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Maurice Meisner, historian of modern China, dies at 80

February 2, 2012 By Susannah Brooks

Maurice Meisner, Harvey Goldberg Professor Emeritus of History, passed away at home in Madison on Monday, Jan. 23. He was 80.

“Mauri was, for many years, an important cornerstone of our Chinese history program,” says Florencia Mallon, Julieta Kirkwood Professor and chair of the history department. “He will be missed by many colleagues and former students.”

During more than half a century of research, Meisner watched events unfold as he filed them away for future study. An idealist, his central concerns included the “path to utopia”: the tensions between an urge for transformative action and the restraints of history.

His teaching reflected these changing times, covering the reign of Mao Zedong, China’s admission to the United Nations, “ping-pong diplomacy,” the Tiananmen Square demonstrations and China’s rise to industrial might. The field experienced a surge of interest after President Nixon’s visit to China in 1971. Meisner responded by building a major graduate program in Chinese history, emphasizing training in intellectual history.

Living during the era he studied, Meisner often found his work in need of substantial revision. The first edition of his book “Mao’s China” was finished just a few weeks before Mao’s death in 1976, requiring hasty additions to the manuscript. A second edition, published in 1986 as “Mao’s China and After,” corrected errors that came to light thanks to new information from the early years following Mao’s death. The book also analyzed the “unanticipated and far-reaching changes” that took place with the reforms of Deng Xiaoping in the late 1970s and early 1980s.

But Meisner readily admitted that his revised conclusions had proven erroneous, and set out to refocus his work yet again. A third edition, published in 1999, explored the origins and social consequences of Chinese capitalism. In order to carve out space for 15 more years of critique, Meisner had to completely reshape his existing prose.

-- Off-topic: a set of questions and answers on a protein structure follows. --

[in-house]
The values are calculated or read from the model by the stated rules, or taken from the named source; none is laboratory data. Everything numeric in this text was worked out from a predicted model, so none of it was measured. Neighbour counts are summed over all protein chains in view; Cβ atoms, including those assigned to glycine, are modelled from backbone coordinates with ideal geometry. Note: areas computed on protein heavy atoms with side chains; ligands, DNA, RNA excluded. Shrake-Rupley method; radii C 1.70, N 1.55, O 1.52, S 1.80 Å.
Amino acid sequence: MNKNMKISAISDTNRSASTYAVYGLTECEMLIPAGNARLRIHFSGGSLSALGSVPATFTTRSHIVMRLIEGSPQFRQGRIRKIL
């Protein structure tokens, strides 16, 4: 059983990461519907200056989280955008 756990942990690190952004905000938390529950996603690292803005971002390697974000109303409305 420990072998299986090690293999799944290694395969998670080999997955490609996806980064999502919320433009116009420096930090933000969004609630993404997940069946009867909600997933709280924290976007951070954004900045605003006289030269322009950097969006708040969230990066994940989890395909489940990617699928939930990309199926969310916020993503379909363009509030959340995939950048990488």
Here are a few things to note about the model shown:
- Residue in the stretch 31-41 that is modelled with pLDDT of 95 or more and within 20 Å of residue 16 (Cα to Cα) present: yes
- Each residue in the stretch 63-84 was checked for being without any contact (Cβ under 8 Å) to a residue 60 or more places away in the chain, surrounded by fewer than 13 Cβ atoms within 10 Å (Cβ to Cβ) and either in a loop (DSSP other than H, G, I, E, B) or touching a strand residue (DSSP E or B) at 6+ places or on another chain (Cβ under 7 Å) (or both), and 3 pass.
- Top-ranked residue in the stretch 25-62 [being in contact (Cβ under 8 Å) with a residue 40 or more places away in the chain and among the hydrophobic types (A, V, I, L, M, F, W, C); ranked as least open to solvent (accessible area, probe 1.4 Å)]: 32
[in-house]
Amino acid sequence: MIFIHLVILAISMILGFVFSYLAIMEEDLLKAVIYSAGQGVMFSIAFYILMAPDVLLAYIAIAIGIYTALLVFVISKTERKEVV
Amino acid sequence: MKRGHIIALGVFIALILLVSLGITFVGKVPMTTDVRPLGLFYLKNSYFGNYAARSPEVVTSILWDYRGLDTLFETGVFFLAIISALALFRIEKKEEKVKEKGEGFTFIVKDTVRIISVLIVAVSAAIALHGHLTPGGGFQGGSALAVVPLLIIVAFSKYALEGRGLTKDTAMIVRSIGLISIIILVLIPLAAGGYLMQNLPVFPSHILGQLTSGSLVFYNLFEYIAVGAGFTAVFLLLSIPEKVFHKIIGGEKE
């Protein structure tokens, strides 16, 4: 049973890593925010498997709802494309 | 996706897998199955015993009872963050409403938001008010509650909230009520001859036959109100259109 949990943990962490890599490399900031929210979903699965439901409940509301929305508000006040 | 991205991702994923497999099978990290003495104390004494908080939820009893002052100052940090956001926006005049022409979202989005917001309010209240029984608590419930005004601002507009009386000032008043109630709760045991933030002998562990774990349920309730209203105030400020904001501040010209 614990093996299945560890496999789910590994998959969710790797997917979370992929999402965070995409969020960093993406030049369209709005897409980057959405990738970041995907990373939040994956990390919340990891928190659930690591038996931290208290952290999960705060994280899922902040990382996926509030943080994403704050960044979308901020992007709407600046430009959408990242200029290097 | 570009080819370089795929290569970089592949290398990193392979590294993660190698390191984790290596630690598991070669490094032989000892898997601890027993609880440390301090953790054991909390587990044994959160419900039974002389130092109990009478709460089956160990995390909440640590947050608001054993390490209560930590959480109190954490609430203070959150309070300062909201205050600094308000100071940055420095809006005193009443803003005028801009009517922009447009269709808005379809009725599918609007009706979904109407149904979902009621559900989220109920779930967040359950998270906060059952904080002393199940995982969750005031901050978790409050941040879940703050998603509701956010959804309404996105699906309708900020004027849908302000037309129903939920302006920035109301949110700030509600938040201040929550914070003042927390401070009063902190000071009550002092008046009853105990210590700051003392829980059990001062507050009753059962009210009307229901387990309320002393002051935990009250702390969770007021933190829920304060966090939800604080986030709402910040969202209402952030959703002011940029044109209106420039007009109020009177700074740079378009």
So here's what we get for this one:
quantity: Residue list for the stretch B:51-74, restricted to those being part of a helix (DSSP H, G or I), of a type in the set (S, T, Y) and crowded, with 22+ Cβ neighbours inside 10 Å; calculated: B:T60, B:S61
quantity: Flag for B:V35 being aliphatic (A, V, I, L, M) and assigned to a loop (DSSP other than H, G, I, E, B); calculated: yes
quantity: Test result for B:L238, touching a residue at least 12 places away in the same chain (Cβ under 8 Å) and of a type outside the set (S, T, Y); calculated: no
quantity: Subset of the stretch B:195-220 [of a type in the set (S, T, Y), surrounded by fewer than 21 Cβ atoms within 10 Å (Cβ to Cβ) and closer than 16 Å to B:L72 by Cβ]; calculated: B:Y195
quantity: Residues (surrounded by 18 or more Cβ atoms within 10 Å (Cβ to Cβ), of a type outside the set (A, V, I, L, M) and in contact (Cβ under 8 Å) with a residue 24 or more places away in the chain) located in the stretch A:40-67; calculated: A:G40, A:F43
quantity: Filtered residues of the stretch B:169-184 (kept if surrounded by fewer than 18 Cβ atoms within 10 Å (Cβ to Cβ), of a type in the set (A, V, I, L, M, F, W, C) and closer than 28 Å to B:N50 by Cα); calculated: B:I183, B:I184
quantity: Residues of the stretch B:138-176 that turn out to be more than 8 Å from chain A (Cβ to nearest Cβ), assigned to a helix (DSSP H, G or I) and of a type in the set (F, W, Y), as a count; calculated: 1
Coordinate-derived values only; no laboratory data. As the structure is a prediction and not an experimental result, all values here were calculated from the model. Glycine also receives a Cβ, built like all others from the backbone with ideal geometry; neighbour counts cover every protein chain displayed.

Born in Detroit on Nov. 17, 1931, Meisner received his MA and Ph.D. from the University of Chicago. After two years at what is now Wayne State University, he had been admitted directly to his graduate program, allowed to bypass his bachelor’s degree by examination. He came to UW–Madison as associate professor in 1968, after various fellowships at Harvard, the University of California at Berkeley and other institutions.

In 2009, more than a dozen of Meisner’s former students honored his fifty years of scholarship with a major international conference. Last June, three of these students gathered at Meisner’s home to present him with the newly published book that came out of the conference. Catherine Lynch, Robert Marks and Paul Pickowicz, all established professors, created “Radicalism, Revolution, and Reform in Modern China: Essays in Honor of Maurice Meisner.”

Meisner’s title of Harvey Goldberg Professor, received in 1992, honored Meisner’s distinguished career with a professorship named for his own colleague and friend. Just as Goldberg’s famous “Contemporary Societies” course integrated historical and contemporary concerns, Meisner remained a vocal commenter on public affairs throughout his career, with editorials appearing in major newspapers across the country.

Edward Friedman, professor of political science, studied the same events from a different perspective.

“He was not merely a historian; he was a stylist,” says Friedman. “One of the reasons his work had impacts far and near, in China as well as in America, was because he wrote prose as if it were poetry. He did not write like an academic. I envied him his extraordinary power for clear and vivid expression.”

Friedman and Meisner’s equally passionate views led to many disagreements, some extending past campus boundaries. Still, Friedman never stopped respecting Meisner’s intellect.

“He was always interested both in what would make for a just society and what blocked people from achieving a just society,” says Friedman. “To some, this critical approach made his work on 20th century China seem too kind to the Mao era and too mean-spirited to the Deng era. To others, it made him seem wise – both on the sources of human hope and on a course which could lead to no good end.”

Meisner is survived by his spouse, Lynn Lubkeman, and four children: daughter Anne and sons William, Jeffrey and Matthew.

A memorial gathering took place on Sunday, Jan. 29.

Memorials may be made to Second Harvest Foodbank, 2802 Dairy Drive, Madison, 53718; or the Goodman Community Center Food Pantry, 149 Waubesa St., Madison, 53704.